After my friend Anne passed away, my non-sexual life partner (NSLP), Robin, and I promised Anne's 12 year old twin boys that we would take them camping at the lake this summer. This was something Anne often did with her children and sometimes Robin and her children and Sid and I would tag along. Sid and I are not really ‘campers’, I do enjoy camping quite a bit, but Sid has never been one for spending great amounts of time outside. After finally being able to find a weekend where both Robin and her fiancée, Becca, and I were all free, we finally packed up the twins and their grandmother and headed off to Lake Afton.
At first, I thought after all that planning I wasn’t going to be able to join them for the weekend. I dehydrated myself on Wednesday and on Thursday was quite ill and worn out, but thankfully, with some rest and lots of water, by Friday at 6pm, I felt well enough to load up the car with more food than anyone needs to eat in two days and off I went.
I arrived at the lake around 7:30pm, in time to watch the sunset go down slow and sweetly over the lake and laugh as the boys worked on setting up my burrowed tent while I lounged in a chair and chatted with the ‘grown-ups’ (we are not really grown in most ways). I opened a bot of crackers and some cheese and laughed as I passed it around to the boys. I forgot how much boys can eat sometimes. After we ate a pound of cheese and the whole box of crackers, those two still ate hot dogs and hamburgers. They must be growing, even though I often scold them for doing so. I still think of them as little babies and not almost teenagers.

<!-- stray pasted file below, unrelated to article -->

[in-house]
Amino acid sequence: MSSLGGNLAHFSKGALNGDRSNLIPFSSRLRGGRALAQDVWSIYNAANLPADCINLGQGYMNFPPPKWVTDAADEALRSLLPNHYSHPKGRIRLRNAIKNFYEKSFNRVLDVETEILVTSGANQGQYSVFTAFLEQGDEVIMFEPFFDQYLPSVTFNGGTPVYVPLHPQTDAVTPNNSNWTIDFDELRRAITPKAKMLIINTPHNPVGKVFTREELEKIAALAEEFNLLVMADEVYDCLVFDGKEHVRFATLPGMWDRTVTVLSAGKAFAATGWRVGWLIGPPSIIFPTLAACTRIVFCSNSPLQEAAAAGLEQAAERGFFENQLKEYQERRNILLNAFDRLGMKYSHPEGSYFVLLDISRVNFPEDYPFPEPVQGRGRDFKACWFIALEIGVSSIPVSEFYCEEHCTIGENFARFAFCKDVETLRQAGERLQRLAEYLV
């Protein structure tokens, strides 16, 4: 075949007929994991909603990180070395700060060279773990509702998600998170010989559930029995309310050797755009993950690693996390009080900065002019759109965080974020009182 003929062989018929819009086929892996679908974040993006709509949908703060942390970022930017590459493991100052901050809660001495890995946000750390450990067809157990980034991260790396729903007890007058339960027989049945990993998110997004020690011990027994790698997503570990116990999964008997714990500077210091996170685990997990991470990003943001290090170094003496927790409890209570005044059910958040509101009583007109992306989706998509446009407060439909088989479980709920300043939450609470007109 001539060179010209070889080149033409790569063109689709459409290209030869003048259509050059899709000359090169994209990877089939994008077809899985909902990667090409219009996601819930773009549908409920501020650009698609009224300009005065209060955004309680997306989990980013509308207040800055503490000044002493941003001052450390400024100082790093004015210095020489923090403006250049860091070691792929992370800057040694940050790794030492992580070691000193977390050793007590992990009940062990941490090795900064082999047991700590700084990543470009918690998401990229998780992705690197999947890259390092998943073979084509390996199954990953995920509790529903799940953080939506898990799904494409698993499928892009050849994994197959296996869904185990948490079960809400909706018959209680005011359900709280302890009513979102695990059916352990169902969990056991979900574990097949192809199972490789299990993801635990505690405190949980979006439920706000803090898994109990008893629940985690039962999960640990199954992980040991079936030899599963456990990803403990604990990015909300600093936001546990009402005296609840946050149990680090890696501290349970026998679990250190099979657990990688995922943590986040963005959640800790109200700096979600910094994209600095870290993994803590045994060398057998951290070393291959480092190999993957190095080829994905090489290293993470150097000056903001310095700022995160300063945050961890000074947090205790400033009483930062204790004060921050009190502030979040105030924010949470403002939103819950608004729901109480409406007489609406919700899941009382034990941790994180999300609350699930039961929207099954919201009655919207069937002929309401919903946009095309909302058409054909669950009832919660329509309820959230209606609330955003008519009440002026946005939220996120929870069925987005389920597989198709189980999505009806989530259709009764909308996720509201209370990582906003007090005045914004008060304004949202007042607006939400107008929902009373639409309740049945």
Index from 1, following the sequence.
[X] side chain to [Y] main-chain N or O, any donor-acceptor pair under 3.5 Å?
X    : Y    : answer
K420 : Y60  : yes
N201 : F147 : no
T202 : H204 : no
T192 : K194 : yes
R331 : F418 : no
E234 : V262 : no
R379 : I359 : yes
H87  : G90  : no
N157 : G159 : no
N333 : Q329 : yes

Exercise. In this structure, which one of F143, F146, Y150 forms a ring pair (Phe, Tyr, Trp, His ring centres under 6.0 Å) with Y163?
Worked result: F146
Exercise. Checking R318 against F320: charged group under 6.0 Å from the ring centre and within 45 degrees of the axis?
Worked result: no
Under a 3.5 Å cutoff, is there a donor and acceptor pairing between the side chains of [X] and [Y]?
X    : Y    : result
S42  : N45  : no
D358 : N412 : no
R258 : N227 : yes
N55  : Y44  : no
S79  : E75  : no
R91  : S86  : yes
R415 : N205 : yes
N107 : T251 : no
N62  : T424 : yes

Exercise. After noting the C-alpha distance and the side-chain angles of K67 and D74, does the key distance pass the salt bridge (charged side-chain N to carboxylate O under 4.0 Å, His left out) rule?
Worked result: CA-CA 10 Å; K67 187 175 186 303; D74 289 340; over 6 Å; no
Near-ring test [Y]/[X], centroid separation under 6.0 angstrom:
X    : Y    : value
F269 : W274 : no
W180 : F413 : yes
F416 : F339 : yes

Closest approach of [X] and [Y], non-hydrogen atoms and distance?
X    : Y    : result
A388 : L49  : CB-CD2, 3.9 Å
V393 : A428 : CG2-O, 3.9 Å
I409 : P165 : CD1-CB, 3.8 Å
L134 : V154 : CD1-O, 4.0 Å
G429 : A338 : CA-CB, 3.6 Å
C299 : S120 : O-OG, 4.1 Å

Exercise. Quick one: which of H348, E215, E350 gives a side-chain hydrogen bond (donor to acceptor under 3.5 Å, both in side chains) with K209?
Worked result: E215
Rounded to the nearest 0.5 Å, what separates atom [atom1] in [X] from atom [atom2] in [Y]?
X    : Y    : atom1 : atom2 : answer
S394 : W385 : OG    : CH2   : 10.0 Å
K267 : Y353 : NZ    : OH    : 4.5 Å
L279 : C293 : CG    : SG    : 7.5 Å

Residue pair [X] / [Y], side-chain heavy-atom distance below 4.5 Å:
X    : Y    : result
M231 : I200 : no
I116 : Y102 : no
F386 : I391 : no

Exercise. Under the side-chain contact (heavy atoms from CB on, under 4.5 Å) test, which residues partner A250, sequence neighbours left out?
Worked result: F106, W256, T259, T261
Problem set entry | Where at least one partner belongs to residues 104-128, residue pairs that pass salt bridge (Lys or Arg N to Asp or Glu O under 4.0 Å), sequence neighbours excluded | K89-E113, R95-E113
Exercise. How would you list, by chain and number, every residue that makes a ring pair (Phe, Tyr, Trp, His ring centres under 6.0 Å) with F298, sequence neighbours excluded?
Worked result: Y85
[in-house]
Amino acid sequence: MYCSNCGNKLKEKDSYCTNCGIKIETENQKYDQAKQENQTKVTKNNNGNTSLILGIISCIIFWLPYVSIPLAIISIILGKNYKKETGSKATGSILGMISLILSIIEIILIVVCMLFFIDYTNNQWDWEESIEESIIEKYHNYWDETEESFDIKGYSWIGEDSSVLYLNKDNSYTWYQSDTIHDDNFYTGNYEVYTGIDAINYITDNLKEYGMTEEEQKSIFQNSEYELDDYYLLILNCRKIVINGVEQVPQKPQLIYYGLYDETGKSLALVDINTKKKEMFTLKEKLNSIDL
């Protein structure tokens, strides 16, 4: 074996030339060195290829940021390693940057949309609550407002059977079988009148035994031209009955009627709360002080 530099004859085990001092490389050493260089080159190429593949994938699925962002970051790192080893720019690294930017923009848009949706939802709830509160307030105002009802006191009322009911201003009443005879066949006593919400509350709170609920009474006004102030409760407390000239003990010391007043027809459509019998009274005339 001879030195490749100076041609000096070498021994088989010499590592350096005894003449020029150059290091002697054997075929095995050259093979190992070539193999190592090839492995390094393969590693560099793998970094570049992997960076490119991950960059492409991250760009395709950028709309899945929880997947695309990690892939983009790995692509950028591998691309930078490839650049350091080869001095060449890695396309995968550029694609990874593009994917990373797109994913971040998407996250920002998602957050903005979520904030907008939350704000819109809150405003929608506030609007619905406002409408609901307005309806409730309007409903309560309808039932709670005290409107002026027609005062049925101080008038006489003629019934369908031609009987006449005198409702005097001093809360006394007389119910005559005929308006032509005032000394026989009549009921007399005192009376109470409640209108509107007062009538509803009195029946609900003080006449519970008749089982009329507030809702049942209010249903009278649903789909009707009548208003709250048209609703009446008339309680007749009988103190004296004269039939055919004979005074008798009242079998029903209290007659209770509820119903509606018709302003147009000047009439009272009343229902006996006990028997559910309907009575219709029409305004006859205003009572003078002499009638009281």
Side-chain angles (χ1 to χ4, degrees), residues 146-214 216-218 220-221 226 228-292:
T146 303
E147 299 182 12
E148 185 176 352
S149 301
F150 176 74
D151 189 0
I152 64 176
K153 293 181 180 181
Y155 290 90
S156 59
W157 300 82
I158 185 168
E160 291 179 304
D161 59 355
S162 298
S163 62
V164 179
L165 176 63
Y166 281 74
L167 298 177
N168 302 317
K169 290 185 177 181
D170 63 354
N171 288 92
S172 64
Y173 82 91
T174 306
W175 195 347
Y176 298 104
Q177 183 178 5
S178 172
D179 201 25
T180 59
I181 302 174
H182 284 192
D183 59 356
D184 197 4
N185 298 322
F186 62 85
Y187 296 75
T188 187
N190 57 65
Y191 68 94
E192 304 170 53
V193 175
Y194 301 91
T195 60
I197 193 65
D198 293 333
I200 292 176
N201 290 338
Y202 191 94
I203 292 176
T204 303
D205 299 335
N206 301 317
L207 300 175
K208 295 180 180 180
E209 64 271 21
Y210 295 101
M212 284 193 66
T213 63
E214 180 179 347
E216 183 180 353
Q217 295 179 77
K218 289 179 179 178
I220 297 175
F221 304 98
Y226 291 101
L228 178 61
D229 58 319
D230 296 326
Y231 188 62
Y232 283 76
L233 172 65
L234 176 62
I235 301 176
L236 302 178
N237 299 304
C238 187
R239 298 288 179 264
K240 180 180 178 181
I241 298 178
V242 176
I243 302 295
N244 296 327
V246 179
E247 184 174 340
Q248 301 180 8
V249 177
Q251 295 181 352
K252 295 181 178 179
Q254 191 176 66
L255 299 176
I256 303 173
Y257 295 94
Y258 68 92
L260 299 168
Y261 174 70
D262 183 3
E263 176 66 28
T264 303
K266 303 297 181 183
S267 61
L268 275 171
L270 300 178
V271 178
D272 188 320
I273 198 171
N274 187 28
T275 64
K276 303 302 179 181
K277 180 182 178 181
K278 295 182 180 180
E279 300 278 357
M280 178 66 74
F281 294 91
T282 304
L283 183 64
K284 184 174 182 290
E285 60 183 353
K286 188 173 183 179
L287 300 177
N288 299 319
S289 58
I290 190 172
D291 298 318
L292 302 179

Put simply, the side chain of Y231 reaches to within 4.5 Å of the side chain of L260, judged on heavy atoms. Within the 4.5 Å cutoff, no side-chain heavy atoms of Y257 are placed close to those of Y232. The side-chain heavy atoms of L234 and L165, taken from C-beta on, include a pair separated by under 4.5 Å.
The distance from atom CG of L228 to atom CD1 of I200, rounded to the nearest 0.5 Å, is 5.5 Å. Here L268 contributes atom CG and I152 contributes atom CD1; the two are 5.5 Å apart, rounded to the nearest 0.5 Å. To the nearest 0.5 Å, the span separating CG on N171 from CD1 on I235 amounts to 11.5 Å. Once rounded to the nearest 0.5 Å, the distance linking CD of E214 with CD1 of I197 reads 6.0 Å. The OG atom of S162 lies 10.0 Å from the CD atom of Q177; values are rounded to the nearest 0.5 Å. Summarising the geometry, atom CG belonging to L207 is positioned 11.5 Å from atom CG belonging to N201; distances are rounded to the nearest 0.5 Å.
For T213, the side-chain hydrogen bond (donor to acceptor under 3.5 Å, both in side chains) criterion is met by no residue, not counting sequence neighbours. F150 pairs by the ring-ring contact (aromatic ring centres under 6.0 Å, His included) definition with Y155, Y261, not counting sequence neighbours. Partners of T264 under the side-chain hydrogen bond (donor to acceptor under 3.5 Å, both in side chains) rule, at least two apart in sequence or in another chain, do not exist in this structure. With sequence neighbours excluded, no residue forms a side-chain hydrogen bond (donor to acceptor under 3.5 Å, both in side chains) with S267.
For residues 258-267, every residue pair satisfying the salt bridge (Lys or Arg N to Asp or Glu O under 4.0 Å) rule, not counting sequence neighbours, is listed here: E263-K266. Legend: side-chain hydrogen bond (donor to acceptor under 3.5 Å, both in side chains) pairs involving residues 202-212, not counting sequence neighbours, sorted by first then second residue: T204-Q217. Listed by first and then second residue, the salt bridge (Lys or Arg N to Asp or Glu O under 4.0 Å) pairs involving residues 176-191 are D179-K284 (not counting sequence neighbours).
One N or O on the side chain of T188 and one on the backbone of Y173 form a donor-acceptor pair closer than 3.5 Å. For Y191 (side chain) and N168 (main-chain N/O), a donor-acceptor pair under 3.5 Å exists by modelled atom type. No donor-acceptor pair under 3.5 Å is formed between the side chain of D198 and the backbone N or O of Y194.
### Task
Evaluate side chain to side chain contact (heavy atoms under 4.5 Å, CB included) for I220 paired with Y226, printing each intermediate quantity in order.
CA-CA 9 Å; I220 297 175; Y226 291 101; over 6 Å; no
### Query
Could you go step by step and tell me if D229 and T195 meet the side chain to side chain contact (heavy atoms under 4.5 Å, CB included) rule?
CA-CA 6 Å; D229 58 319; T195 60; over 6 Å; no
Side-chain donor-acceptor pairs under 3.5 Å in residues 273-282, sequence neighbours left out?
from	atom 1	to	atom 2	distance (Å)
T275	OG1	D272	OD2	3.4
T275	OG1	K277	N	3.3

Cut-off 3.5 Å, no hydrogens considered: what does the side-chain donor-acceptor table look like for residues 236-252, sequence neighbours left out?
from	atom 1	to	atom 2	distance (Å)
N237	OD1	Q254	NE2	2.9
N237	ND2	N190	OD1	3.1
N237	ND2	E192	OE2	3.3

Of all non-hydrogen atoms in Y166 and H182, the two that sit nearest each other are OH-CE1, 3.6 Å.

Around, 11, I retired to my tent to start my one personal goal for the weekend—to read all those back issues of The New Yorker. As soon as I climb in my tent and snuggled in with a magazine, Edward, caught the biggest catfish caught all weekend. It was his first catch and he was beyond excited as his Auntie Robin showed him the correct way to hold the fish so we could take pictures of the moment.
Saturday, started off hot and sunny, but I still managed to sleep in till 10am. I drank the cold press coffee I made a few days before and tried to get Edward to eat all sort of things he doesn’t like. Finally he agreed to an everything bagel and the mom in me felt better knowing he started the day with some food in his belly. We spent the day floating around of the lake, drinking half cold beer, swinging in the hammock and I read three back issues of The New Yorker. The sun was hot but there was enough wind that it felt fine to be outside. There were fish caught and released and smores made over a fire pit. It felt like mission accomplished in so many ways. We had two decently happy kids, (one is a little moody which is to be accepted with 12 year olds.), relaxed adults, cold beer, and more food than we needed. The boys even were able to go to the Lake Afton Public Observatory and were able to see the rings of Saturn through the big telescope with Becca’s mama who stopped by to visit after dinner.
Sunday, we packed up and headed back home. It's amazing how much work goes into to putting up and tearing down a campsite, but it's worth the work. Robin told the boys that we had to leave the lake better than we found it and so we picked up all the trash we could find before we left. I was proud of them for how much they learned and did over out two nights there. I know they miss their mother and that we can't replace her, but I am glad that we could give them just a couple of days without as much grief where they could be just kids and relax.
I drove the boys home and was proud of myself for not getting lost on the way back since my phone had died and I was without GPS. I also almost escaped getting sunburned. Almost.
The rest of Sunday was spent napping and watering my begonias and reading emails from a too far away important character in my life, but that is a story still unfolding and for another time—maybe.